Ethiopia and Djibouti have signed a deal for the construction of a 767km gas pipeline between Ethiopia’s eastern Ogaden Basin and an export terminal on the Red Sea.
The construction will be led by Chinese company Poly-GCL Petroleum Group Holdings Limited, a subsidiary of Golden Concord Group Limited –a Hong Kong based diversified energy conglomerate that specializes in a range of activities from green energy generation to downstream activities including transport, storage and terminal management.
The company made a sizeable gas discovery in March 2018 in the Ogaden basin, with estimated reserves between six and eight trillion cubic feet. The field went into production in July 2018.
The total cost for the project has not yet been disclosed but according to Djibouti’s Energy Minister, Yonis Ali Guedi, It is the most expensive project ever built in the Horn of Africa region.
In a statement, President of the African Petroleum Producers Organisation (APPO), Emmanuel Ibe Kachikwu disclosed that US$2bn is needed to fund critical infrastructure in Africa’s energy sector, and called for enhanced collaboration between countries.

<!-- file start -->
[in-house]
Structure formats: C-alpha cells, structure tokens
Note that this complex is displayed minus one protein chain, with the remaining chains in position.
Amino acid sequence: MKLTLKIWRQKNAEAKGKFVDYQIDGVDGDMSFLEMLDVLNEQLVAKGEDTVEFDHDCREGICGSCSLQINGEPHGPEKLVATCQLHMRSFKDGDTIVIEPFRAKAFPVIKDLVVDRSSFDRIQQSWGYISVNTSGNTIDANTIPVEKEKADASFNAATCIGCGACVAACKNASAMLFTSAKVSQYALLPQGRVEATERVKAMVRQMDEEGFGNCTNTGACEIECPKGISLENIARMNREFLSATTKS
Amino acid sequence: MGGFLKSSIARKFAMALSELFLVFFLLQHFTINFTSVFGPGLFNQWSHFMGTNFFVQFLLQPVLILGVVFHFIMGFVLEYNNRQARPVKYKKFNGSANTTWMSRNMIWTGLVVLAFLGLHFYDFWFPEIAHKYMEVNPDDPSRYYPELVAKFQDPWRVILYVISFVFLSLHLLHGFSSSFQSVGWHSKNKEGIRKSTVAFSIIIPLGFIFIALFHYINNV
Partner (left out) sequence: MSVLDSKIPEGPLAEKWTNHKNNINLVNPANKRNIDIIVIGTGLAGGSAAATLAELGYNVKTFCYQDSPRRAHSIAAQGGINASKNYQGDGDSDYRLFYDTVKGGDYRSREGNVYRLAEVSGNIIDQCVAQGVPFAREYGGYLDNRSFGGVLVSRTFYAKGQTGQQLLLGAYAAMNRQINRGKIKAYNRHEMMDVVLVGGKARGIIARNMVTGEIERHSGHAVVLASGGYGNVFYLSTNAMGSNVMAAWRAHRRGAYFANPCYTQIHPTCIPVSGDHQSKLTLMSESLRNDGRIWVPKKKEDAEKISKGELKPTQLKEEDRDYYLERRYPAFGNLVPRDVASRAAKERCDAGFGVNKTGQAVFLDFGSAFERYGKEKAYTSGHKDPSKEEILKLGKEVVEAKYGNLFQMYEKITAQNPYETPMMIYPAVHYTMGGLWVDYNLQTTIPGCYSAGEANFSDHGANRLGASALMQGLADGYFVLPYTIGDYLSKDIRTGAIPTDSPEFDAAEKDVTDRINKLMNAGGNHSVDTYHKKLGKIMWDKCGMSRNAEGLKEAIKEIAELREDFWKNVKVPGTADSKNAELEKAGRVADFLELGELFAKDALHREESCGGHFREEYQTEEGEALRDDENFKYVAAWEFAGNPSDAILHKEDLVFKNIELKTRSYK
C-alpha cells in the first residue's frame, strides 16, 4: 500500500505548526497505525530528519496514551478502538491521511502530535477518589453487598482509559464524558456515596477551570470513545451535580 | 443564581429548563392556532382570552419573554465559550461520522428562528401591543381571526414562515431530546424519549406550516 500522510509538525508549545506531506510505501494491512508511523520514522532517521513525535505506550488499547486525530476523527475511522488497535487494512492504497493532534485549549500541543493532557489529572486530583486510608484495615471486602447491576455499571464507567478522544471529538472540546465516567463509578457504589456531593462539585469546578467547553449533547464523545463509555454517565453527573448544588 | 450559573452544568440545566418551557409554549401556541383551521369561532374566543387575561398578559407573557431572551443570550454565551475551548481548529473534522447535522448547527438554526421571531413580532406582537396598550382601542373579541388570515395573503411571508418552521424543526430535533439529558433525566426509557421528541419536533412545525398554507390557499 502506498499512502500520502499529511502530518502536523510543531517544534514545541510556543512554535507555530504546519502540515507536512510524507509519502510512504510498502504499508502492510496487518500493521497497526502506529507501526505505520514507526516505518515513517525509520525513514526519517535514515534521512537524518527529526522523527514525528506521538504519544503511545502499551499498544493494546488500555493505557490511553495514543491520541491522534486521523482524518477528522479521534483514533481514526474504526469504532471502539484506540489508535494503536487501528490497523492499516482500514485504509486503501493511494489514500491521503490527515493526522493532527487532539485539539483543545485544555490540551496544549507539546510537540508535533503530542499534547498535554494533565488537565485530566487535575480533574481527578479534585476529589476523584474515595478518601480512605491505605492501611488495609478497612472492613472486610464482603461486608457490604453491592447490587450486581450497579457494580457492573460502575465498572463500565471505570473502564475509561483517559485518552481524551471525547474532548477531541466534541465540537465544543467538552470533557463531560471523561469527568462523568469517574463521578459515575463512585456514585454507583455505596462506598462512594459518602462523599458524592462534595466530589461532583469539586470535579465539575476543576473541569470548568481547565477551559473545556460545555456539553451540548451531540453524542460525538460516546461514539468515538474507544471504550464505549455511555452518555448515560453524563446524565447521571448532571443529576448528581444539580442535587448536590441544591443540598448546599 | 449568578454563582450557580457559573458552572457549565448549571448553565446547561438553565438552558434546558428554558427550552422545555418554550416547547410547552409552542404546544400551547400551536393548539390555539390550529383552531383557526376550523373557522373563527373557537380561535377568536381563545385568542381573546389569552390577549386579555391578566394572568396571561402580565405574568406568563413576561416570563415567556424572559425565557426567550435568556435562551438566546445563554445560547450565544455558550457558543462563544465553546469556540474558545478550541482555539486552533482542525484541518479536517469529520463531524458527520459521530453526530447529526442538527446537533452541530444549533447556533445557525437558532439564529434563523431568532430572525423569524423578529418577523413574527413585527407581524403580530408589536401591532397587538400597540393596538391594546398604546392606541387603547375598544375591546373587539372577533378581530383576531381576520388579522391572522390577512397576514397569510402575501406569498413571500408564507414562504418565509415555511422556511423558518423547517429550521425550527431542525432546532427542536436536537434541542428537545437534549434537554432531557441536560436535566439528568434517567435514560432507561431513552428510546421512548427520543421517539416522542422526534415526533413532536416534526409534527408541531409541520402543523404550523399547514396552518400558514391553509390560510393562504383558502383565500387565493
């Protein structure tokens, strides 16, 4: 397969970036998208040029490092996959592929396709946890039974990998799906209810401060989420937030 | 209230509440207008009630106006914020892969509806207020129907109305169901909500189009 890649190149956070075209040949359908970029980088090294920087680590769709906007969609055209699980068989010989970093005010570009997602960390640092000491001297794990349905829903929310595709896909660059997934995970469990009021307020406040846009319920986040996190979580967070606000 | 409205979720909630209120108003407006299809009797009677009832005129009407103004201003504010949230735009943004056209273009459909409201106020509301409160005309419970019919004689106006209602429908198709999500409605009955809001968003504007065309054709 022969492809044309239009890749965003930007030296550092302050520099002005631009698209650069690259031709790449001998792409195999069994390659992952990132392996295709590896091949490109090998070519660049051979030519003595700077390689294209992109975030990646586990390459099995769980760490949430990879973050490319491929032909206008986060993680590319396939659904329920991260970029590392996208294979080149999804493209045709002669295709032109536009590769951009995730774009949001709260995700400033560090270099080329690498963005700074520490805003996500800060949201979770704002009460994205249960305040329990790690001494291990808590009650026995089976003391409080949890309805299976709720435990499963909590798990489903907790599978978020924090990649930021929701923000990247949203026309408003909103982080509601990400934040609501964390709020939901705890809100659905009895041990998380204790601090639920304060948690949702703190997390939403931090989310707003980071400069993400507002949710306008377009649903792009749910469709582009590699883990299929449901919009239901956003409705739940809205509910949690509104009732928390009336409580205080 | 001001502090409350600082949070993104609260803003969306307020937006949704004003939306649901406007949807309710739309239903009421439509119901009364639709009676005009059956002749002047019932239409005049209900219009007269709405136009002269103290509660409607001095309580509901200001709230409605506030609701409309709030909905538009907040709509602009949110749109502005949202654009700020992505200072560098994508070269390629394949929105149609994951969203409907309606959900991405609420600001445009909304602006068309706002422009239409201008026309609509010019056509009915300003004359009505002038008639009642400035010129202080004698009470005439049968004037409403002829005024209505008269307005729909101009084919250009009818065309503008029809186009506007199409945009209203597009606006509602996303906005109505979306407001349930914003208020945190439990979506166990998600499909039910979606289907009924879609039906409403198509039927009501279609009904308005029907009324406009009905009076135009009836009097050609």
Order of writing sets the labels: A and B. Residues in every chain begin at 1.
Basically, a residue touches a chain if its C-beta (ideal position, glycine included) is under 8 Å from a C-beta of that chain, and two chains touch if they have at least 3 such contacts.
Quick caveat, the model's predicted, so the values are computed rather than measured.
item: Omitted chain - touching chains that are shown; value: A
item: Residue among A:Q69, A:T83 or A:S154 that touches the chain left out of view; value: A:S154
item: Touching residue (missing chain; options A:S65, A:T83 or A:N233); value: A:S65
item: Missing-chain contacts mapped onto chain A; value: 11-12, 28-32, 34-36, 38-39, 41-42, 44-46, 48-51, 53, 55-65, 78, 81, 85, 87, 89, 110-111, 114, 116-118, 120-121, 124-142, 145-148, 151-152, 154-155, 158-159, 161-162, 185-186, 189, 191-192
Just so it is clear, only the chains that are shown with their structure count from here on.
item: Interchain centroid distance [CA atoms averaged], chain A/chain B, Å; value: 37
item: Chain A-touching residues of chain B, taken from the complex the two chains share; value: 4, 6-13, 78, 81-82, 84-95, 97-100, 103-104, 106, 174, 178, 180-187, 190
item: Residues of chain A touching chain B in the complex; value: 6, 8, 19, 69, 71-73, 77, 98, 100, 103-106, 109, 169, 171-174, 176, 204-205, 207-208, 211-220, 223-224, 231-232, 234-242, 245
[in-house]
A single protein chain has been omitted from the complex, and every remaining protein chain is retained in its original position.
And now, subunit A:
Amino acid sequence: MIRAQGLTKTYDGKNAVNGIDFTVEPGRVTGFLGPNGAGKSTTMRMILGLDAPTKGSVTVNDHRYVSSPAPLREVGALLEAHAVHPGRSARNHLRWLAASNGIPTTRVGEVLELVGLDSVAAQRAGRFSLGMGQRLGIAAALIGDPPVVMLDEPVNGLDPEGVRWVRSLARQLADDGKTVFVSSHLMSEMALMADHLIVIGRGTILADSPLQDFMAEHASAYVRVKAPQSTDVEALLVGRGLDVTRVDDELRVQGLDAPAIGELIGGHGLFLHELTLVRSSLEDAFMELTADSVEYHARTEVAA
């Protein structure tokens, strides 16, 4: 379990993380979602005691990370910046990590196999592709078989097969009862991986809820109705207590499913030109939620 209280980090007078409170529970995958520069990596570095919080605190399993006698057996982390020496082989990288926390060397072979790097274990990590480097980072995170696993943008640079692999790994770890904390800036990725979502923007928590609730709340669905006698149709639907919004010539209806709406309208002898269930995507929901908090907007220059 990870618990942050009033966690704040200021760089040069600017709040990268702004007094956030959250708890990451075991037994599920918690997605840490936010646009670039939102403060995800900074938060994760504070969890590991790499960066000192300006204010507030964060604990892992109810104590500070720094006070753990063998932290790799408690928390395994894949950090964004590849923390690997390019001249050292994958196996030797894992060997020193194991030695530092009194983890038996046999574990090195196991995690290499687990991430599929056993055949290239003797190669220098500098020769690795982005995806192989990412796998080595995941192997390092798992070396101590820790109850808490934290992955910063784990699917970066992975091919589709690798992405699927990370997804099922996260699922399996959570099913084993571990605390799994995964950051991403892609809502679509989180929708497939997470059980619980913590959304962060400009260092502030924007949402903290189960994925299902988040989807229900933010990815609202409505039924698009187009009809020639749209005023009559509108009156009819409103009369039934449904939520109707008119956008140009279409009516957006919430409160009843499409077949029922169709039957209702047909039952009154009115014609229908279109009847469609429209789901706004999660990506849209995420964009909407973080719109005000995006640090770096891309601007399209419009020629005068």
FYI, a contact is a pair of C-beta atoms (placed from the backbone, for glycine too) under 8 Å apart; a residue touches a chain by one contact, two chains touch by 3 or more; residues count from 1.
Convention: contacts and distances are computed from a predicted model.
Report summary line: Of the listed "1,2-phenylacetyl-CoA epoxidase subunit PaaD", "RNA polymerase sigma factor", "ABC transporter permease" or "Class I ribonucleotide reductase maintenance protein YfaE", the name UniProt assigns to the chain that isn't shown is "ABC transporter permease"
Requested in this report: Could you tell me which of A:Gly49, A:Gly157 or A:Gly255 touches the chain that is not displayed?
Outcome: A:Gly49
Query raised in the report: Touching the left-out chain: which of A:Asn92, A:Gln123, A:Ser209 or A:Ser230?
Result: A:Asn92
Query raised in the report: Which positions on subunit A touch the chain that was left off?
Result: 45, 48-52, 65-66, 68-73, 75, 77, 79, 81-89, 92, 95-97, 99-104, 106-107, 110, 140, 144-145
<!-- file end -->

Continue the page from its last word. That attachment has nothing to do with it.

Ethiopia found extensive gas deposits in its eastern Ogaden Basin in the 1970s and China’s POLY-GCL Petroleum Investments has been developing the Calub and Hilala fields there since signing a production sharing deal with Ethiopia in 2013.
The agreement between Djibouti and Ethiopia comes more than a year after POLY-GCL signed a memorandum of understanding with Djibouti to invest $4 billion to build the natural gas pipeline, a liquefaction plant and an export terminal to be located in Damerjog, near the country’s border with Somalia.
It was envisaged that production would start in 2018, but the Ethiopian government said that was now likely to happen in 2023.
Africa’s eastern seaboard could soon become a major global producer of liquefied natural gas, with other planned projects based on big gas finds made in Tanzania and Mozambique.